This is a question that I get asked on a daily basis, however, there is no straightforward and simple answer because it really depends on each person’s personal circumstances. As a general rule if you spend more than six months of the year or 183 days in Spain you automatically become a tax resident and therefore should be making your tax declarations. This is very different from being a resident for which you would normally need to apply for residency, and if you were coming from outside of the EU then you would usually need to apply for a visa such as a non-lucrative visa or a working visa and occasionally the golden visa. It’s important to understand the difference between a tax resident and a non-tax resident, so do check and get some professional advice on this to ensure that you don’t fall foul up some of the pitfalls. An example of this is that if you were to sell a property in another country and made a capital gain, but also became a tax resident in Spain in the same year you could potentially be paying capital gains tax on the sale of your property in another country. It’s very important to understand the rules and regulations surrounding this so don’t hesitate to ask for some further advice, Just click here to get in touch. you can see more about this here

Number five. can I rent out my property?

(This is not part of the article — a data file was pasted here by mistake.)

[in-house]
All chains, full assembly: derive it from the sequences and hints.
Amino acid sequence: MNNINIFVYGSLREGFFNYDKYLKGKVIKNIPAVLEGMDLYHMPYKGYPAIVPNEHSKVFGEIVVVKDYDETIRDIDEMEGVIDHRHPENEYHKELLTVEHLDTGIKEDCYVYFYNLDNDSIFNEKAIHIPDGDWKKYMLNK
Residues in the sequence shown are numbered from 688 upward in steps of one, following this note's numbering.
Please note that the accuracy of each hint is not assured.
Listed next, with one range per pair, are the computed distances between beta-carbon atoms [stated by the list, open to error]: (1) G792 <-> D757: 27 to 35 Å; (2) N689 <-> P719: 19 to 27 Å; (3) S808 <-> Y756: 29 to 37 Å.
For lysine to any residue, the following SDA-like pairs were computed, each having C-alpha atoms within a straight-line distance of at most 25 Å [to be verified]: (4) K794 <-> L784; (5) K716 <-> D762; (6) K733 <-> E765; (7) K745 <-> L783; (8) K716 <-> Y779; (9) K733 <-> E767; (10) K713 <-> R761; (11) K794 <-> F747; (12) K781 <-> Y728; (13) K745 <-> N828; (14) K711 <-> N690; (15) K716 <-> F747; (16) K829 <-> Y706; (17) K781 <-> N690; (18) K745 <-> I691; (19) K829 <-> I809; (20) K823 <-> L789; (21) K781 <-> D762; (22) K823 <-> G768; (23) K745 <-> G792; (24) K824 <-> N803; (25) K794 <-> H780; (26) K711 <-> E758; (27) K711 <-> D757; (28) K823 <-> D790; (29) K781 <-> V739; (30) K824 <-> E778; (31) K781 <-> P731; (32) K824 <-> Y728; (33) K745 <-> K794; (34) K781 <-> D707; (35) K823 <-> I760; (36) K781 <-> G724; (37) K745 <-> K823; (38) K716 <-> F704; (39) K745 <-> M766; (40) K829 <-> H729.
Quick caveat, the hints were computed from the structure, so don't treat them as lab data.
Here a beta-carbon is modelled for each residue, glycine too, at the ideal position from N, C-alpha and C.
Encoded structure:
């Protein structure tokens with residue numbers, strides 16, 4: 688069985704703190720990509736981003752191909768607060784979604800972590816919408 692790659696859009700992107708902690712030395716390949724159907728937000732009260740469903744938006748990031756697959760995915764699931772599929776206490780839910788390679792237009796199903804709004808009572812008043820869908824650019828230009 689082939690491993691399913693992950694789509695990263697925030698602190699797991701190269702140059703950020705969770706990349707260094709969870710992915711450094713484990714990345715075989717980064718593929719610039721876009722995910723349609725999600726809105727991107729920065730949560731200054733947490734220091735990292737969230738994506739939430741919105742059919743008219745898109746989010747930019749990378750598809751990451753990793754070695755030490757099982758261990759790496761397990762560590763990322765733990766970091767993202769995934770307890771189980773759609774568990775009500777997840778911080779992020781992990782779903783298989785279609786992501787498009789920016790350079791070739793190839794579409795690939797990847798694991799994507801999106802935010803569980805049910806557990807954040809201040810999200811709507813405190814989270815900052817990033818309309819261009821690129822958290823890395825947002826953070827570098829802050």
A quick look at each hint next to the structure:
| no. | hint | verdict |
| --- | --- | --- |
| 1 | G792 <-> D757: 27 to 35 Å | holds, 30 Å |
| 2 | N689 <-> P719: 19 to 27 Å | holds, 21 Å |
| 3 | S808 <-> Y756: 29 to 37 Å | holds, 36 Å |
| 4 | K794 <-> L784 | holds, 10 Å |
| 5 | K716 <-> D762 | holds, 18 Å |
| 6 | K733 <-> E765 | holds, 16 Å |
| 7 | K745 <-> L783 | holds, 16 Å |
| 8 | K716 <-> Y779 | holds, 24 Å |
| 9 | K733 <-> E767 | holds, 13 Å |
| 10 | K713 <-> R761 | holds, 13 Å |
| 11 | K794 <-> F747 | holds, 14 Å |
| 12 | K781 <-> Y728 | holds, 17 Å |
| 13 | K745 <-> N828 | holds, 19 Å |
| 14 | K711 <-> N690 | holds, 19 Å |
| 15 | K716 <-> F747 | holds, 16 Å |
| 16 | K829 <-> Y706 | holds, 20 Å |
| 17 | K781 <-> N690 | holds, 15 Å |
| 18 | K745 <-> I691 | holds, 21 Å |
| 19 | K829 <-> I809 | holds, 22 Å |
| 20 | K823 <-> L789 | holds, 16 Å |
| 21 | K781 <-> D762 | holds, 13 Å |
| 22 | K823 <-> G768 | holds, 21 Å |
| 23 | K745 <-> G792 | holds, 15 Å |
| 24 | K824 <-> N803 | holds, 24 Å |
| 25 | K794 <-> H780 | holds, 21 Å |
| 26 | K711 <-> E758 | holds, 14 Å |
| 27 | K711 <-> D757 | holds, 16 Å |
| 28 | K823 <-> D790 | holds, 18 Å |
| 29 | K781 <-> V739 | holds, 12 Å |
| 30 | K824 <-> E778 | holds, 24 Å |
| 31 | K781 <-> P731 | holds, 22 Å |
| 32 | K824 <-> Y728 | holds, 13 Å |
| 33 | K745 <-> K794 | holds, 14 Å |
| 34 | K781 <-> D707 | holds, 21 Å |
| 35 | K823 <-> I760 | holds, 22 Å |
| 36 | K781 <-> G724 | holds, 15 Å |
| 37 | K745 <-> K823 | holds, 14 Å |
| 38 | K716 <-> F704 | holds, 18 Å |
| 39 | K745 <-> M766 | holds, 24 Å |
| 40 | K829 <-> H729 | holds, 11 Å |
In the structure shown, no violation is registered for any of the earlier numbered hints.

Well, this is a multifaceted question and answer because it will often depend on whether you are looking at long-term rentals or holiday rentals -. The rules and regulations will vary across Spain depending on each autonomous region so for the moment let’s just look at Andalucía. It is possible to rent your property for holiday lets but you will need to obtain a tourist licence. Some tourist licences only allow you to let the property for up to 90 days a year, whilst with others you can rent all year round. If you are looking at a long-term rental then you can do this without a licence but you need to be very careful about the type of tenancy agreement that you use. There are some overriding statutory obligations within tenancy agreements and for landlords and if it’s not written correctly this could potentially cause you some trouble. You may have already heard about the rights that squatters have when it comes to properties in Spain and how difficult it can be to remove them. This makes it essential to get proper advice on this and not to just stab a guess at it.